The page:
Three major proposals have set the Alberni Valley abuzz on social media in the past year: the Connect the Quays project, the City of Port Alberni’s purchase of the Somass Sawmill waterfront lands and San Group’s announcement that it intends to build a billion-dollar master-planned community around the Burde Street beaver ponds.
The City of Port Alberni has begun the official public engagement process for its Connect the Quays project, with an open house held last week concurrently with an online survey. The Somass Sawmill purchase and San Group proposal have yet to reach the point where formal public discussion is happening, although residents are welcome to share their opinions with city council at any time.
While these three projects or proposals have garnered the most attention, there is something else even more important that residents should consider: the city is going to revamp its Official Community Plan. An OCP comprises policies that guide long-term planning and land use management in a municipality. An OCP covers everything from transportation and utilities to housing, recreation and future land use.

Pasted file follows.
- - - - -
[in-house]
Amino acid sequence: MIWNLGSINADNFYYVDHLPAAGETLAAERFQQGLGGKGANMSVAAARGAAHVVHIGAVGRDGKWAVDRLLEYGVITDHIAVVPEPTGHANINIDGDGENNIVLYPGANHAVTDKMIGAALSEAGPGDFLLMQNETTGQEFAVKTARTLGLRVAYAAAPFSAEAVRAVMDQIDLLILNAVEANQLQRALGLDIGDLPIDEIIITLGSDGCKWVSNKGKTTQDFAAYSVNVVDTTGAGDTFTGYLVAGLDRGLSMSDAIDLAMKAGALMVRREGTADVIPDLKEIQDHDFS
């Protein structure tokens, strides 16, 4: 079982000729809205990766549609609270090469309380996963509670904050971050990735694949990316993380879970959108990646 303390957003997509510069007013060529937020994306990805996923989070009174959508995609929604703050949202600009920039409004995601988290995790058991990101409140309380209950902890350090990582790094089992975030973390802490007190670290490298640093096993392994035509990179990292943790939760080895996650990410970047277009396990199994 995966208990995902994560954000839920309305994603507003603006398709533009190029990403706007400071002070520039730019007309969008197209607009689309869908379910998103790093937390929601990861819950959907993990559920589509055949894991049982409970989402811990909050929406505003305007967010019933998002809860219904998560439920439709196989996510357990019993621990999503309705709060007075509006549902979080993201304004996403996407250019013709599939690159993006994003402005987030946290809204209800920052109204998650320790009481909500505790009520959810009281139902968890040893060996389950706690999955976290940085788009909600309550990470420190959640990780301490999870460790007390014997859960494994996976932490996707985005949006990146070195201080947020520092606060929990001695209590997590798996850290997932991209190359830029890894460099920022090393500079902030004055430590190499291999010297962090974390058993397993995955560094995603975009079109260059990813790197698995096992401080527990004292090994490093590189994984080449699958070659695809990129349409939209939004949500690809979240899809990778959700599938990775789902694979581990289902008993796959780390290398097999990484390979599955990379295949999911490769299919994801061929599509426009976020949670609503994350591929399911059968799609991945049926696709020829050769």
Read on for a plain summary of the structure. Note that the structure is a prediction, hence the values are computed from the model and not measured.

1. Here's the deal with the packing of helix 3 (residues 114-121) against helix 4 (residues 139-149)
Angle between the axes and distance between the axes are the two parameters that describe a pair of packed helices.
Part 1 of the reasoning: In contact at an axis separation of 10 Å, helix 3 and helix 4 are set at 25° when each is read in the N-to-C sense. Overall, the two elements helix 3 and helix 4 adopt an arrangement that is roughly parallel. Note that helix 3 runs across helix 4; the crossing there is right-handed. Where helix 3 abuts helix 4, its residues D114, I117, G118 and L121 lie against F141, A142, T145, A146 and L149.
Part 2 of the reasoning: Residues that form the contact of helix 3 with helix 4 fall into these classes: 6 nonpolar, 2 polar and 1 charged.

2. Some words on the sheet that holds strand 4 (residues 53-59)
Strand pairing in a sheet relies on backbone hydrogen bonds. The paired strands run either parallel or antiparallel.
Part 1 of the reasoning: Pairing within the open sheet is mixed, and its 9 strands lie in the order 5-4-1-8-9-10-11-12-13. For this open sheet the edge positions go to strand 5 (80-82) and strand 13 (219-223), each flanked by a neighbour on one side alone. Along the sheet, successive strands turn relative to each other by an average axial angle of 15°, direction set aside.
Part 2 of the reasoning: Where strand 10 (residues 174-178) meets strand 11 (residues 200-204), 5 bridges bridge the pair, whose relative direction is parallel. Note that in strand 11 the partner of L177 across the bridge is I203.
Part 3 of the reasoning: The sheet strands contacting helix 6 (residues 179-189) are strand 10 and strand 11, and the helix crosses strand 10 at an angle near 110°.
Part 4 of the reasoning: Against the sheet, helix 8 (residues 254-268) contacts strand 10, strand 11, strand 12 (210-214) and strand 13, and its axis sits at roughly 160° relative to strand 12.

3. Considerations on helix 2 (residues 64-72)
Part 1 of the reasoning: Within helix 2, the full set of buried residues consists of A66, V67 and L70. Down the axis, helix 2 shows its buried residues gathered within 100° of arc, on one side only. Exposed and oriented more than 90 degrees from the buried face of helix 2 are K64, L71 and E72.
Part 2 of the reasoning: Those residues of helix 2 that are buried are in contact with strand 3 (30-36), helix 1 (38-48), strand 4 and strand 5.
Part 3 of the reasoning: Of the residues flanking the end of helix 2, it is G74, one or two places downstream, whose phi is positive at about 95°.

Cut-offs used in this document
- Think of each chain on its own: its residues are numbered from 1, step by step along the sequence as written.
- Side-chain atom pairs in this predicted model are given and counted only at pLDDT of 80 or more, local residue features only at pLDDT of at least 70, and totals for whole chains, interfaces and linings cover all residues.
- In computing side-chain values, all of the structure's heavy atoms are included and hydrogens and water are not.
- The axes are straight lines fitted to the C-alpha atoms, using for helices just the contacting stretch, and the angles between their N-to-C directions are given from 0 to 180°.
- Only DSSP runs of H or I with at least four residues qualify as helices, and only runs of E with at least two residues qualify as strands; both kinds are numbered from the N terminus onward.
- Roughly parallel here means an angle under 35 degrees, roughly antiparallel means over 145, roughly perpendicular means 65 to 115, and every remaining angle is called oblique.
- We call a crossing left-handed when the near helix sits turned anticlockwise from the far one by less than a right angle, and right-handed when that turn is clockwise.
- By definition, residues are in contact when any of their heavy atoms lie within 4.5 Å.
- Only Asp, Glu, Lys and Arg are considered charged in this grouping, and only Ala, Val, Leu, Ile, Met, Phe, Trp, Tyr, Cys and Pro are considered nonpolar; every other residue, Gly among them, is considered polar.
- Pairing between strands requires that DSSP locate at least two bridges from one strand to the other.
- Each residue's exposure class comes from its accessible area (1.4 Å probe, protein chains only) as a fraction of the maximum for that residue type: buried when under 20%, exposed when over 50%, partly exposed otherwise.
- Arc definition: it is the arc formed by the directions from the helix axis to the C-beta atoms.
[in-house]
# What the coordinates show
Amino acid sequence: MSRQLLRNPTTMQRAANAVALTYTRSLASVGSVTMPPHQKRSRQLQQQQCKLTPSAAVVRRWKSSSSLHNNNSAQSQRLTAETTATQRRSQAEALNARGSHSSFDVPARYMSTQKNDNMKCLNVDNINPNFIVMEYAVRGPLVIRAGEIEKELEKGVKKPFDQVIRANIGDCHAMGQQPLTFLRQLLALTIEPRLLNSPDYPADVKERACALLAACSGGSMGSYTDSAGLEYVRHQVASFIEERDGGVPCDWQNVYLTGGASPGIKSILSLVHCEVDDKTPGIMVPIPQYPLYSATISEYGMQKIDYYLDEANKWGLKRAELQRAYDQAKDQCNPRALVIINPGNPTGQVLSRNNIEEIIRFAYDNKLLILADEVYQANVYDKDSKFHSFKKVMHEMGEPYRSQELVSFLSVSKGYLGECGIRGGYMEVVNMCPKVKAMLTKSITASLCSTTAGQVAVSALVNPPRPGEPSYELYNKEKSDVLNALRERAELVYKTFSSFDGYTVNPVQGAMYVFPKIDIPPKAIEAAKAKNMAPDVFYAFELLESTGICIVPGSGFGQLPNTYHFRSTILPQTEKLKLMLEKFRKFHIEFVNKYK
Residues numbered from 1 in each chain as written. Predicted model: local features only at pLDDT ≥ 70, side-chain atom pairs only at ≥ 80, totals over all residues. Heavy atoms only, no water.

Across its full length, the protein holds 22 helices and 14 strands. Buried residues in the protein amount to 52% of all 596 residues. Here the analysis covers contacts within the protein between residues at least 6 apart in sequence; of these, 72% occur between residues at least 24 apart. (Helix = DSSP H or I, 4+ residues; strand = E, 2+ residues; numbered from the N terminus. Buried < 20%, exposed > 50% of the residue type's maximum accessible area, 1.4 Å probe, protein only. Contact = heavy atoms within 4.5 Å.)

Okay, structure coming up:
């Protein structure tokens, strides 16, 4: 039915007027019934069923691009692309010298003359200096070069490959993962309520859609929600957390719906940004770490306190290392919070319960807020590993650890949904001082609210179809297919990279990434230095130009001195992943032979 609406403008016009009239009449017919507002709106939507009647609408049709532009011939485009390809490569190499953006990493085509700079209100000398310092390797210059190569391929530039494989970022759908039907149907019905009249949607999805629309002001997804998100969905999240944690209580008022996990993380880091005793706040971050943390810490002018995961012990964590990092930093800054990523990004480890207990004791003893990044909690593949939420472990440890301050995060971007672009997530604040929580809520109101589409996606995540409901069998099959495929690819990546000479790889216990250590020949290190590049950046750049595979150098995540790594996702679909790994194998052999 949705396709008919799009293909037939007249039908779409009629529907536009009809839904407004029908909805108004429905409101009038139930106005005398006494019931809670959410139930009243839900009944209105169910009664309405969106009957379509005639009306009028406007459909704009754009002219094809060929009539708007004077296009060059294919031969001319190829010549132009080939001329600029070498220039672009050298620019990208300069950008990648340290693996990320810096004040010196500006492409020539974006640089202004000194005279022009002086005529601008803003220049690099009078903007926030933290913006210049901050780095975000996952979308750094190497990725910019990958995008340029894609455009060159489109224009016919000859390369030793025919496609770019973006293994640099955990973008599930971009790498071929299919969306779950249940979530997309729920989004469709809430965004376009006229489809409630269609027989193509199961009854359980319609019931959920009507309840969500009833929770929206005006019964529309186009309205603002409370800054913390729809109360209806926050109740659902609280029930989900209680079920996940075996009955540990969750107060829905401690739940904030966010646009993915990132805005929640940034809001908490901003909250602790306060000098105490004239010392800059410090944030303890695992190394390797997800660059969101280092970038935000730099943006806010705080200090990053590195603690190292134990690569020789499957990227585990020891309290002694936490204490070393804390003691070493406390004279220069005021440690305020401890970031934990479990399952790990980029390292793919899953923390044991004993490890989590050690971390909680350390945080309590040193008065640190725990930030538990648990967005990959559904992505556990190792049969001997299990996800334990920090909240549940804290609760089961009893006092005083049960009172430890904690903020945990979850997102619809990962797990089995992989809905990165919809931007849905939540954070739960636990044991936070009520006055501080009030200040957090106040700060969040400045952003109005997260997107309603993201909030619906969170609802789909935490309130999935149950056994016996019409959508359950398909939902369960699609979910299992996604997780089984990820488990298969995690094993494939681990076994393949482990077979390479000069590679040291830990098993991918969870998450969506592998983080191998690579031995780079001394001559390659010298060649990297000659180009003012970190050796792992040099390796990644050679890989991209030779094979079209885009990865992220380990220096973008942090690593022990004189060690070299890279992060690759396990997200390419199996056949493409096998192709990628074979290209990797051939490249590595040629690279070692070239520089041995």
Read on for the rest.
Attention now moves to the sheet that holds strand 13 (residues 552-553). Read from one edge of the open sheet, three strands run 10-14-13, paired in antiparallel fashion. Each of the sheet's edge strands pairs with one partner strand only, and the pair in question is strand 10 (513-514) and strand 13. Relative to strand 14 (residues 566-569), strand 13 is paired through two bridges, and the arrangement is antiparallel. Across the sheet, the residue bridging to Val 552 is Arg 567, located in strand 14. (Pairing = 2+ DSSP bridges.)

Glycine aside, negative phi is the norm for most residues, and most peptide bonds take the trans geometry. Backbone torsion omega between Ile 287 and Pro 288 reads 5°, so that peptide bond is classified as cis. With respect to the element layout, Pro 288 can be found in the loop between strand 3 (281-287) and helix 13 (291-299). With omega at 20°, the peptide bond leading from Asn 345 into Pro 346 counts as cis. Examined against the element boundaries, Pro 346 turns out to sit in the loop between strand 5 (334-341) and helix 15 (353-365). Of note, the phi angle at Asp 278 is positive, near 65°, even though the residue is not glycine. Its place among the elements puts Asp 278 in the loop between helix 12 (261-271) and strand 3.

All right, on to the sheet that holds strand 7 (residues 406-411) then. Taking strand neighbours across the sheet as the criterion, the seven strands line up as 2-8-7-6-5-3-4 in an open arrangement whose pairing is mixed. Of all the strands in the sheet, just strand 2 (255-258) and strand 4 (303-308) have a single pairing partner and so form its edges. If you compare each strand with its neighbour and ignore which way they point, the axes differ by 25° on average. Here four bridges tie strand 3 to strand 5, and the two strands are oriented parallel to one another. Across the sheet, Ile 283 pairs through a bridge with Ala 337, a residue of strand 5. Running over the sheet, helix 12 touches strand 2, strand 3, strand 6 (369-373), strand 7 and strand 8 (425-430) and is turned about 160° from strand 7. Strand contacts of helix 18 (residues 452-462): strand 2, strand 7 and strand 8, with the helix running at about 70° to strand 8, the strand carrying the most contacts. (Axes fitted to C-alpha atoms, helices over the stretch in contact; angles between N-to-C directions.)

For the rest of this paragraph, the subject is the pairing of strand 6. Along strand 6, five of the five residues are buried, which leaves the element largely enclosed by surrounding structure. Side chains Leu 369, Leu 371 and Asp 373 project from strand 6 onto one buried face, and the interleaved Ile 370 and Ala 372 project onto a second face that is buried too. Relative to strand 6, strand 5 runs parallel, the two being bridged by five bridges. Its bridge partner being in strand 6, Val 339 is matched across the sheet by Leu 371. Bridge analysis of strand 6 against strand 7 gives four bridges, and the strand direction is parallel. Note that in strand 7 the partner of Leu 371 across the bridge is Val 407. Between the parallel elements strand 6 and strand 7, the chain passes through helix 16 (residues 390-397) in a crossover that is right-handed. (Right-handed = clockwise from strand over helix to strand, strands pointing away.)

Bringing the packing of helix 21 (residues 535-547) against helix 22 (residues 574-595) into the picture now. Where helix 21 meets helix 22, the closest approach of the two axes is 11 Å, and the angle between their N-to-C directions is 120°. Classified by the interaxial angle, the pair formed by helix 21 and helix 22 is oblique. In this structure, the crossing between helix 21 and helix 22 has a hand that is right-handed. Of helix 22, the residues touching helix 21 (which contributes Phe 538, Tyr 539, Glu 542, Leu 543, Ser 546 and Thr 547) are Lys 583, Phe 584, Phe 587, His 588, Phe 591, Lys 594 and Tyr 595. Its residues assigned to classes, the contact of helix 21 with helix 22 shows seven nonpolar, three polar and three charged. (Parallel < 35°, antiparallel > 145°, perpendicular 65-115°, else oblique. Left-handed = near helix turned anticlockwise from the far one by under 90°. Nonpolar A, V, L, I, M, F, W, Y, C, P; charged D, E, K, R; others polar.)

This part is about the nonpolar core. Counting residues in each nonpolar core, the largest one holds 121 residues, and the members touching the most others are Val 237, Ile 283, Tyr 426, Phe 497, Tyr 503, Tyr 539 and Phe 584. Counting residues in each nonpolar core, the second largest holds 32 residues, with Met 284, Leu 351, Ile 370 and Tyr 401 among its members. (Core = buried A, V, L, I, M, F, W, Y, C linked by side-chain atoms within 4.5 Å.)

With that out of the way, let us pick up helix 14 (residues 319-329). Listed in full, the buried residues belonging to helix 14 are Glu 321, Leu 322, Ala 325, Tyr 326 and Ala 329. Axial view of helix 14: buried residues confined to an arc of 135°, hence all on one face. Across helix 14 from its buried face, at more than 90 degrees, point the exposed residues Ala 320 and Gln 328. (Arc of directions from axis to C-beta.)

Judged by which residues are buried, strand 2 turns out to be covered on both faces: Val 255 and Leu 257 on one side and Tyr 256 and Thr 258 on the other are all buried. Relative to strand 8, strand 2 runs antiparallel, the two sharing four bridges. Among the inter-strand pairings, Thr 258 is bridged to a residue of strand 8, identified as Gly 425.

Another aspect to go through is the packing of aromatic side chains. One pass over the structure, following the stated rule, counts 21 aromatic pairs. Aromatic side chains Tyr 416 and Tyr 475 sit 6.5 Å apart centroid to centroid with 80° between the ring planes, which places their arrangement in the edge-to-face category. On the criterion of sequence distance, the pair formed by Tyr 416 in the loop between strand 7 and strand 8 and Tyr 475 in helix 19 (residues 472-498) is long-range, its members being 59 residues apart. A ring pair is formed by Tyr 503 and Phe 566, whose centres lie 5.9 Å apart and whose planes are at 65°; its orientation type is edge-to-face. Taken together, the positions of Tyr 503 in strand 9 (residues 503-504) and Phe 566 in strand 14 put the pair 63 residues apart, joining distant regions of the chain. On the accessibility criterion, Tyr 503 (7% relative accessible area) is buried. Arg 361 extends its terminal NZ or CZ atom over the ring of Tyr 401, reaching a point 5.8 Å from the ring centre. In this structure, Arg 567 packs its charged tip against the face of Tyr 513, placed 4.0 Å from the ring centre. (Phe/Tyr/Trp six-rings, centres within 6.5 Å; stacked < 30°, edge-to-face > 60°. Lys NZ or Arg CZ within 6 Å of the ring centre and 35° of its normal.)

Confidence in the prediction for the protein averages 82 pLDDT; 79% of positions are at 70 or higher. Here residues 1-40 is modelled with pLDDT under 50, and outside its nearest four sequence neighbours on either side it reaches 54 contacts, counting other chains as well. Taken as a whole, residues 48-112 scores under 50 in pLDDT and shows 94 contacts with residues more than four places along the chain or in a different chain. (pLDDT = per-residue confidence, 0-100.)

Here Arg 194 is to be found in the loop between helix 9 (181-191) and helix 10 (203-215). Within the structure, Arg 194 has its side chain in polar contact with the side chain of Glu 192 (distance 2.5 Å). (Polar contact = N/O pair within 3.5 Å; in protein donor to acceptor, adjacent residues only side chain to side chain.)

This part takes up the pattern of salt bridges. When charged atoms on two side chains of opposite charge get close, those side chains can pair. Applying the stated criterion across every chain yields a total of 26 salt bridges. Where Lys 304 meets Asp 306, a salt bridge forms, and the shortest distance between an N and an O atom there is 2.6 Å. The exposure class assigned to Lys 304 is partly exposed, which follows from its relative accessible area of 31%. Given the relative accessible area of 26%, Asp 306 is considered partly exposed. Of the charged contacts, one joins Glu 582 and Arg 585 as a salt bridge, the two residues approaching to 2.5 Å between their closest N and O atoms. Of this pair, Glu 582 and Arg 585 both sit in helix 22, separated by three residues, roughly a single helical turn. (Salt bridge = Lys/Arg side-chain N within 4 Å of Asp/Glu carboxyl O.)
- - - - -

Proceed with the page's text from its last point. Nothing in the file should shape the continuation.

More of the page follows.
An OCP paints a broad picture of what a municipality wants to look like, now and in the future, and informs how a local government can exercise its powers in land use decisions. Every bylaw that is passed, every decision on development has to be consistent with the OCP.
The last time the City of Port Alberni revamped its OCP was 14 years ago. A lot has happened since then. What do we as residents want to see happen in the city over the next 14 years? Higher density and more flexible housing choices? More recreational opportunities? Different industry?
We will have a say in what we want in the OCP. We will also have a say in what we don’t want to see end up in the OCP, keeping in mind it is a big-picture document and not a deny-this-specific-project document.
Input on the OCP and other proposals is also done a certain way, to ensure our voices are heard.
Ranting on Facebook may make you feel better, but it does not make your opinion official. The only way to make your voice count is by reaching out to city hall directly via e-mail, filling out a survey, speaking up at a council meeting or public hearing, or by old-fashioned letter.
— Alberni Valley News